Antipole cruises

Around Kaliningrad to Klaipeda

To understand our passage from Gdańsk to Klaipeda, you need to know about Kaliningrad.

Before WWII Germany extended eastwards to include the Old Prussian area centred on Königsberg, which had been founded by the Teutonic Knights.  In 1945 Stalin took it for the Soviet Union, purging the area of any remaining Germans and resettling Russians there.  Königsberg was renamed Kaliningrad.  Its ice-free port became the base for the Soviet Baltic Fleet and during the Cold War there was a big military build up in the area with nuclear capability and it was closed to foreigners.

With the break-up of the Soviet Union in 1991, Kaliningrad became a Russian exclave, bordered by Poland to the west and Lithuania to the east.  With both Poland and Lithuania joining NATO, military tensions in the region are high.  Russia undoubtedly feels threatened by this and has threatened to install missile systems in the area.  Following the Russian take-over of Crimea, the Baltic states and Poland both fear Russian agitation.  The UK has recently agreed to contribute to a rapid reaction force to be stationed in Poland and Lithuania to counter the perceived threat.  To us, cruising peacefully along the coast, this all seems unreal and we wonder why everyone cannot simply stop posturing and get along together. By all accounts ordinary Russians are very friendly and welcoming, especially to visiting yacht folk. The history of the region is otherwise and old habits die hard. It is such a shame that the militaries seem so intend on facing each other off.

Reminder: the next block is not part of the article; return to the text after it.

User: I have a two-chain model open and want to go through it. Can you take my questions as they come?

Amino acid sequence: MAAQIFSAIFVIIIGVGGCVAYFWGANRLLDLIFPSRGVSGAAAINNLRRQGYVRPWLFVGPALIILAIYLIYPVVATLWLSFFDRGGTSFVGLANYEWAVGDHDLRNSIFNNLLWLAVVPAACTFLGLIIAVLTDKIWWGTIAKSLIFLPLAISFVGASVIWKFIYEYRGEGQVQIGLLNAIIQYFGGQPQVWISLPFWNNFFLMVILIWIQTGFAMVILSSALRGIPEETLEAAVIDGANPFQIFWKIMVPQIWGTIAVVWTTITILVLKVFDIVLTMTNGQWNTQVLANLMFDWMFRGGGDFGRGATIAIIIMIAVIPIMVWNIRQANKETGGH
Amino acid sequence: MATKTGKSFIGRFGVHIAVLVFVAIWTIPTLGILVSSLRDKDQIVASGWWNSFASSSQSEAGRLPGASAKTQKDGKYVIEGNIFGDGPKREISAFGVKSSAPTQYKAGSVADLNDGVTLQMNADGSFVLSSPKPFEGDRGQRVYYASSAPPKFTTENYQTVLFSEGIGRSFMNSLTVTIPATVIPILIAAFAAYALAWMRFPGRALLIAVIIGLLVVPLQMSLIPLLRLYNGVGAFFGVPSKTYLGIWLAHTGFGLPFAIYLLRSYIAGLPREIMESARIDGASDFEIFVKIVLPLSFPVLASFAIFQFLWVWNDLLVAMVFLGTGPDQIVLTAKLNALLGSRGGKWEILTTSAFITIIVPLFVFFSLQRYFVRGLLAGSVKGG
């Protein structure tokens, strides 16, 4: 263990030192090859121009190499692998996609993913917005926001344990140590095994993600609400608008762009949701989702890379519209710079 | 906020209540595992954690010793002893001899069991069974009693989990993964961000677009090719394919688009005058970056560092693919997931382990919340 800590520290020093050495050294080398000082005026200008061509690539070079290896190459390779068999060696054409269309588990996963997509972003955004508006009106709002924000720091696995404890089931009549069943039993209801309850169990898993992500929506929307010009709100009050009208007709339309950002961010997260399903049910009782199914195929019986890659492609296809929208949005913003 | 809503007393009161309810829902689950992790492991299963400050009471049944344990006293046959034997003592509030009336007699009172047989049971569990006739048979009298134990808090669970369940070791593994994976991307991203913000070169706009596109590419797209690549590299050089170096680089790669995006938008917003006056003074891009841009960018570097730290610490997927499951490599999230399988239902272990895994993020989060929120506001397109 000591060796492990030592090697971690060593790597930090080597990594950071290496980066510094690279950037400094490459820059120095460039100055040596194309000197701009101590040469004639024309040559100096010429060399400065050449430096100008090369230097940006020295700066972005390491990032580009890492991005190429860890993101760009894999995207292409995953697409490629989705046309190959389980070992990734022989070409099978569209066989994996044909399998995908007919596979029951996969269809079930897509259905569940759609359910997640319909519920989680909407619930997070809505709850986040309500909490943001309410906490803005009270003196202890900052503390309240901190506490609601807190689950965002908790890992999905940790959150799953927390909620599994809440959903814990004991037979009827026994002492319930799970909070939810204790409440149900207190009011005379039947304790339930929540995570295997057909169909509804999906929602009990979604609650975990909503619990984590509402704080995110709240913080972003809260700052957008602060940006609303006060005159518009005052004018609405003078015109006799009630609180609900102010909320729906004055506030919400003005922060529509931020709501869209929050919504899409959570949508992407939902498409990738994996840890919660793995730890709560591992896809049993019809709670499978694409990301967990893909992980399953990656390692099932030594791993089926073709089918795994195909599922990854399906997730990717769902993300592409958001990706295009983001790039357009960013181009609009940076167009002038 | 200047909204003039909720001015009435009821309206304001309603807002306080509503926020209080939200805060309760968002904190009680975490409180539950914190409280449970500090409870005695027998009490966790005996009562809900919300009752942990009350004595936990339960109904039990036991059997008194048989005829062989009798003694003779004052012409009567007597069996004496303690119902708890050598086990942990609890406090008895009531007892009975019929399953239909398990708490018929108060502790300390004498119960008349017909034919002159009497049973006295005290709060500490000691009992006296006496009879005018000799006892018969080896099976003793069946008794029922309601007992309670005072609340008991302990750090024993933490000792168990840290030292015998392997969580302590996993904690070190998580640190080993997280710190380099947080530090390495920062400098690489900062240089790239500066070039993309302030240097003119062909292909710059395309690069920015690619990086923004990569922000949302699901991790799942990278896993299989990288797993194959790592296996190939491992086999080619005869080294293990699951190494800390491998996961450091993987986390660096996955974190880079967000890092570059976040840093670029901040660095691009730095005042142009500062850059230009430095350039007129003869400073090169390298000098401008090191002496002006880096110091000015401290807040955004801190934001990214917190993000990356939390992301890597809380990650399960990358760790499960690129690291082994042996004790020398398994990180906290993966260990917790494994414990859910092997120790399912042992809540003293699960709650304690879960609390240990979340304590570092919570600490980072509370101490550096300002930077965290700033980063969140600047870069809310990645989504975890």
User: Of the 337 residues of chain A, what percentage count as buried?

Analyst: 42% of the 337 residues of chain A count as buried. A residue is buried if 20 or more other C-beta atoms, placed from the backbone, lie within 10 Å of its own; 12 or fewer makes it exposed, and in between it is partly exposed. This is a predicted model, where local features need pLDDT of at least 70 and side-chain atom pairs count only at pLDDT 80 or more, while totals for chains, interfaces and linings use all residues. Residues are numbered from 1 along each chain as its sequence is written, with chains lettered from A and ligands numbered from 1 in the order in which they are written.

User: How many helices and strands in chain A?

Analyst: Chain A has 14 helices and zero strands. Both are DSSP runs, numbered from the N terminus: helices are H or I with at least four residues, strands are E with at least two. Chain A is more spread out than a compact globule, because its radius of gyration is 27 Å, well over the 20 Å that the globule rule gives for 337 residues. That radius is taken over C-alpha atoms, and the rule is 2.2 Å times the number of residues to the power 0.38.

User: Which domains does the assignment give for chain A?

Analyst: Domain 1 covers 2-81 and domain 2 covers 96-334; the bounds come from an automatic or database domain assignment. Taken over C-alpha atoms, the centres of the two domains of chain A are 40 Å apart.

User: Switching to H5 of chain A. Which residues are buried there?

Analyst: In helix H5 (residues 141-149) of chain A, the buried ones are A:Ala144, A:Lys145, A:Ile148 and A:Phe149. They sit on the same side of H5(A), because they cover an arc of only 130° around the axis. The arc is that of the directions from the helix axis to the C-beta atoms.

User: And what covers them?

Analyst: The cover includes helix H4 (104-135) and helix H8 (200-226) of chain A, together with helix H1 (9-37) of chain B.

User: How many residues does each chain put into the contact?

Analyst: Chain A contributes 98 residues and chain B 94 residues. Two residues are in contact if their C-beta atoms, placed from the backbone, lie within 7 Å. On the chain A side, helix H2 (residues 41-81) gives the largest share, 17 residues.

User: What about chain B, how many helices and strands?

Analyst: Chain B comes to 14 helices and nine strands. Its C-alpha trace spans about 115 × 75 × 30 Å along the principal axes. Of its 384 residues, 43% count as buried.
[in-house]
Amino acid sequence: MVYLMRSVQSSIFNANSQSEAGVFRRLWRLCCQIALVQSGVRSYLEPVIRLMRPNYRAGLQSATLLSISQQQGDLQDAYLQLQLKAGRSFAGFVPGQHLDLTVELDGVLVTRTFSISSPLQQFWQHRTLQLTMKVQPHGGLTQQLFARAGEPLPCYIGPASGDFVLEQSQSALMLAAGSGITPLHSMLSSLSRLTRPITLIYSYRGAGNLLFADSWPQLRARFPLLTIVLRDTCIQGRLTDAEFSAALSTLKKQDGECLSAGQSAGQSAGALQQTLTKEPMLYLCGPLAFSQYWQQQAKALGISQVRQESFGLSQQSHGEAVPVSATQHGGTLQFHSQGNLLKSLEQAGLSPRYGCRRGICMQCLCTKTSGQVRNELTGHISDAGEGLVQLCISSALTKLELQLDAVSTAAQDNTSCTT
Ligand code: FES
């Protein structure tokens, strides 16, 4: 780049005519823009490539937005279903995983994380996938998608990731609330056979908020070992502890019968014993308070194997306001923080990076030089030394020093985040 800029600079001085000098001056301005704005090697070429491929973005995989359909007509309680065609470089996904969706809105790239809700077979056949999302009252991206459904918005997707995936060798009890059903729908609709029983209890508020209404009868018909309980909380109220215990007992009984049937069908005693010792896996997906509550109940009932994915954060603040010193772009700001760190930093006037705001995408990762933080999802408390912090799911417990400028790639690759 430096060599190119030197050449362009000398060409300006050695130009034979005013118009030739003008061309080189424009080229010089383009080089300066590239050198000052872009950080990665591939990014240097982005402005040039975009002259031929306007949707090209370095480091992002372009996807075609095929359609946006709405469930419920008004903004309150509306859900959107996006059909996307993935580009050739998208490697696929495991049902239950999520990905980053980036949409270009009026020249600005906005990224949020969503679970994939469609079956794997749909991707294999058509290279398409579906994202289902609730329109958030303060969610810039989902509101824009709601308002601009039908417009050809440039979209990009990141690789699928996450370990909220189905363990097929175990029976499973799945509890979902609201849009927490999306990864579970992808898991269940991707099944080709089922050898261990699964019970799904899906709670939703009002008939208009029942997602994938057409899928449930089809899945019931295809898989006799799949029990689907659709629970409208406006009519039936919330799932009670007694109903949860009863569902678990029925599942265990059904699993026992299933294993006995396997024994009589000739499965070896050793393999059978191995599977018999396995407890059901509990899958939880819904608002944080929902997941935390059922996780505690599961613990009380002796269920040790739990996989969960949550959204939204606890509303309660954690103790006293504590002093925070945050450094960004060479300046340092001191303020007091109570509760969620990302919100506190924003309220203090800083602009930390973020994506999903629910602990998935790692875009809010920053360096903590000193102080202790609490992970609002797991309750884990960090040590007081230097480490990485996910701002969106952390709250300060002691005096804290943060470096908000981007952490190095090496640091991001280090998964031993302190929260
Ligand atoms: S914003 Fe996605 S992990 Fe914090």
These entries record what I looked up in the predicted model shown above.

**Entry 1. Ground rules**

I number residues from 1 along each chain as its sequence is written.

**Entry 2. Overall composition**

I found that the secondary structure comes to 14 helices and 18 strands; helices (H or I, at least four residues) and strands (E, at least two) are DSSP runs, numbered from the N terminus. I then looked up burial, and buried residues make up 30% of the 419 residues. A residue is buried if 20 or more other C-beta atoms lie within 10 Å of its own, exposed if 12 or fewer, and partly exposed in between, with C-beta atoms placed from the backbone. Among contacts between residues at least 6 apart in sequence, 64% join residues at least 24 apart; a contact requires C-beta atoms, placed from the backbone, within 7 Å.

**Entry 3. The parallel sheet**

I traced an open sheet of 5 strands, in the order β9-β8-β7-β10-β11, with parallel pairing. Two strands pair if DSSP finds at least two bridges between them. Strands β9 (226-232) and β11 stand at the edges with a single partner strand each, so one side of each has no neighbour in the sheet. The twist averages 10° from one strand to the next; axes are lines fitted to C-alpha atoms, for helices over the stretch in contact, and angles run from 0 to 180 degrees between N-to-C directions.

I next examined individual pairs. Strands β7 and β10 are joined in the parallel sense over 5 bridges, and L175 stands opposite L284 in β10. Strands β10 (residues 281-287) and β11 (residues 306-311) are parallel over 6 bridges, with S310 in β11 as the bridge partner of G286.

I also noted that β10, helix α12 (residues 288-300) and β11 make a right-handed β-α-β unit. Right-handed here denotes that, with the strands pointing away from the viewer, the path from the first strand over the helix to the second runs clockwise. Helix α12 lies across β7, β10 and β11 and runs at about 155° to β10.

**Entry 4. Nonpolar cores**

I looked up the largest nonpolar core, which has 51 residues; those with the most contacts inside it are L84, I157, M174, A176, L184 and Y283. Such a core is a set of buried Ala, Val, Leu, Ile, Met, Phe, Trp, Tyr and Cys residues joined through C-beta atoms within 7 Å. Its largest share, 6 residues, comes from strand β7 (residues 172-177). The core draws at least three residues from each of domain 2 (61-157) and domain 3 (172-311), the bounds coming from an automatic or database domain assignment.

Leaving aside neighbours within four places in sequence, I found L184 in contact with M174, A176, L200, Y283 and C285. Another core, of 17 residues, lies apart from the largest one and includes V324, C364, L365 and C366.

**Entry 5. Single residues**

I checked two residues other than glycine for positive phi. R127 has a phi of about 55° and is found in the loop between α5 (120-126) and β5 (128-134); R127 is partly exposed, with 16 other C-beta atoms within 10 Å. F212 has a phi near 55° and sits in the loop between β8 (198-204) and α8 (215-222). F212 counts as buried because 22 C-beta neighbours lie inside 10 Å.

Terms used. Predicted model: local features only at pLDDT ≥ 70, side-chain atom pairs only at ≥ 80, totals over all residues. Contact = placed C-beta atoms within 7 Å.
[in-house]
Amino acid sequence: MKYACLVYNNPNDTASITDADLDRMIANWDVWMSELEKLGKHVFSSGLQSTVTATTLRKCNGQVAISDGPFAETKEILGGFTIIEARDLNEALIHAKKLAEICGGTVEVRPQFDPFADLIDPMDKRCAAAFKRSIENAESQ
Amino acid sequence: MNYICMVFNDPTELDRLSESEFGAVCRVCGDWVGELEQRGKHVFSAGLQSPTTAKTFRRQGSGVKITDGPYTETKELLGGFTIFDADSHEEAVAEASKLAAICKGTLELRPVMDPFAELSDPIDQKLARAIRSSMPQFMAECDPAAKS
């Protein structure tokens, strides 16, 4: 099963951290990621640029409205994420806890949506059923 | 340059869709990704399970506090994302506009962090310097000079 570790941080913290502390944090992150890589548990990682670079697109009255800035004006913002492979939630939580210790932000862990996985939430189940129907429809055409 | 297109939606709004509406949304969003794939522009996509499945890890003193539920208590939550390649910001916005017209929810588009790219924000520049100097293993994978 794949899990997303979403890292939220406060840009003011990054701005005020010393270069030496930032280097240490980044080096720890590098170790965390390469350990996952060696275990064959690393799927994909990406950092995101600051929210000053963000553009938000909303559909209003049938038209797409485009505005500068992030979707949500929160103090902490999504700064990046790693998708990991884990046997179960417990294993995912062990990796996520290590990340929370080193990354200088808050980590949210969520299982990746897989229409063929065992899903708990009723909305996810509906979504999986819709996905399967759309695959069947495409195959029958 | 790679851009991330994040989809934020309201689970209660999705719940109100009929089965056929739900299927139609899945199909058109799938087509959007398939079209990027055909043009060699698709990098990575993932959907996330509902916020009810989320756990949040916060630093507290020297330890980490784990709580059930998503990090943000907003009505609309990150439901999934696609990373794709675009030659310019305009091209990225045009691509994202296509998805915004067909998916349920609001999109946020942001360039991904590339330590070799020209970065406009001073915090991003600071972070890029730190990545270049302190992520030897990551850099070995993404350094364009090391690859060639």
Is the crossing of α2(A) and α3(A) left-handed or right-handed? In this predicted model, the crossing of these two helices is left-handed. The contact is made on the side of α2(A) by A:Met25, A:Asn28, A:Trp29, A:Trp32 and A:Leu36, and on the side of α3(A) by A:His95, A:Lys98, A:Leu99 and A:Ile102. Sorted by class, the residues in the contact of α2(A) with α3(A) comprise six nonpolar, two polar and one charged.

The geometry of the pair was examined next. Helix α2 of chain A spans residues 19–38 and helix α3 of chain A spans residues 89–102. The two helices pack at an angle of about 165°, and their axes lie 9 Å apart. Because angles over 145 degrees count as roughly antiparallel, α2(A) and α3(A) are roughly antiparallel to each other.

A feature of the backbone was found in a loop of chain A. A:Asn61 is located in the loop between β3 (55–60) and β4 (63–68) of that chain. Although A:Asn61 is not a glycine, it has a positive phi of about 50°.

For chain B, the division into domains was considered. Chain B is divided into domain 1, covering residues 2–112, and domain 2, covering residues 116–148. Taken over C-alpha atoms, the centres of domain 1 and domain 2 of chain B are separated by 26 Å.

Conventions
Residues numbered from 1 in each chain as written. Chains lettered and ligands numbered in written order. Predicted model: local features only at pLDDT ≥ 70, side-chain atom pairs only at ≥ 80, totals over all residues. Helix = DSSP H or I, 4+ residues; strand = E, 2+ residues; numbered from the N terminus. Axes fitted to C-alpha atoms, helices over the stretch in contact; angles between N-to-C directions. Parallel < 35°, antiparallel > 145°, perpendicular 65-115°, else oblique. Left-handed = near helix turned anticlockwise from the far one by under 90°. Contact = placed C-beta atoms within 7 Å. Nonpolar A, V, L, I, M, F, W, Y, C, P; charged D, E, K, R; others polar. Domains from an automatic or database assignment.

These days it is possible to call in at Kaliningrad but it involves complex and expensive visa arrangements which have to be made in person in London, so we have decided to give it a miss and sail past. The Russians often close an area up to 70nm off shore while conducting exercises but we found none were scheduled at our time.   Although, legally, we have a right of passage in international waters 12nm off shore, we had been advised to stay at least 20nm off to avoid unwanted attention.  In this July a British yacht was 12nm off and had a submarine surface ahead of it and hover around for a couple of hours criss-crossing in front of it and it was then followed by another navel vessel for some hours.  A couple of years ago a yacht was 15nm off and had 6 frigates,  4 Mig fighters and 2 helicopter gunships about 100 meters away, the helicopters firing live ammunition.  “Frightening! They just ignored us.”

Thankfully, our passage was uneventful – but it was night time and we would probably not have seen any interest.  The passage started with us almost becalmed, followed by a cloud burst with strong wind gusts while we got the spinnaker down.  We then had a steady following wind of F4-6 which made for a fast passage, although the following seas made it tiring.  We had set off in the company of Lotte and at dawn we found ourselves close by her.  During the morning we could hear the thump thump of heavy artillery from the direction of Kaliningrad and other thump thumps from further east in Lithuania.  We imagined this second lot was NATO showing the Russians their guns were just as big.

KlaipedaSo we came safely into the fine harbour in Klaipeda and found a berth in the marina which is in the moat of the old castle.  Stefan had a hotel already booked and so took his leave to enjoy a shower and catch up on sleep after keeping watch most of the night – thank you Stefan!

Lithuania has a short coastline and Klaipeda is its only port.  We liked the town and enjoyed exploring it both on foot and cycle.  It seemed relaxed and rather understated.  A short stay such as ours can hardly do justice to an entire country, culture and language.  One thing that stood out is that western obesity does not seem to have reached Lithuanians yet.

We had hoped to explore some of the Curonian Lagoon.  This very large and shallow lagoon is reached through the port of Klaipeda and stretches some 50nm south into Kaliningrad, separated by a thin spit from the Baltic.  But southerly winds made sailing in the narrow channels untenable and we decided we had to give it a miss.  Instead we sail for Liepāja in Latvia today.

That’s our news for now.  Love to all,

Tony & Ynskje

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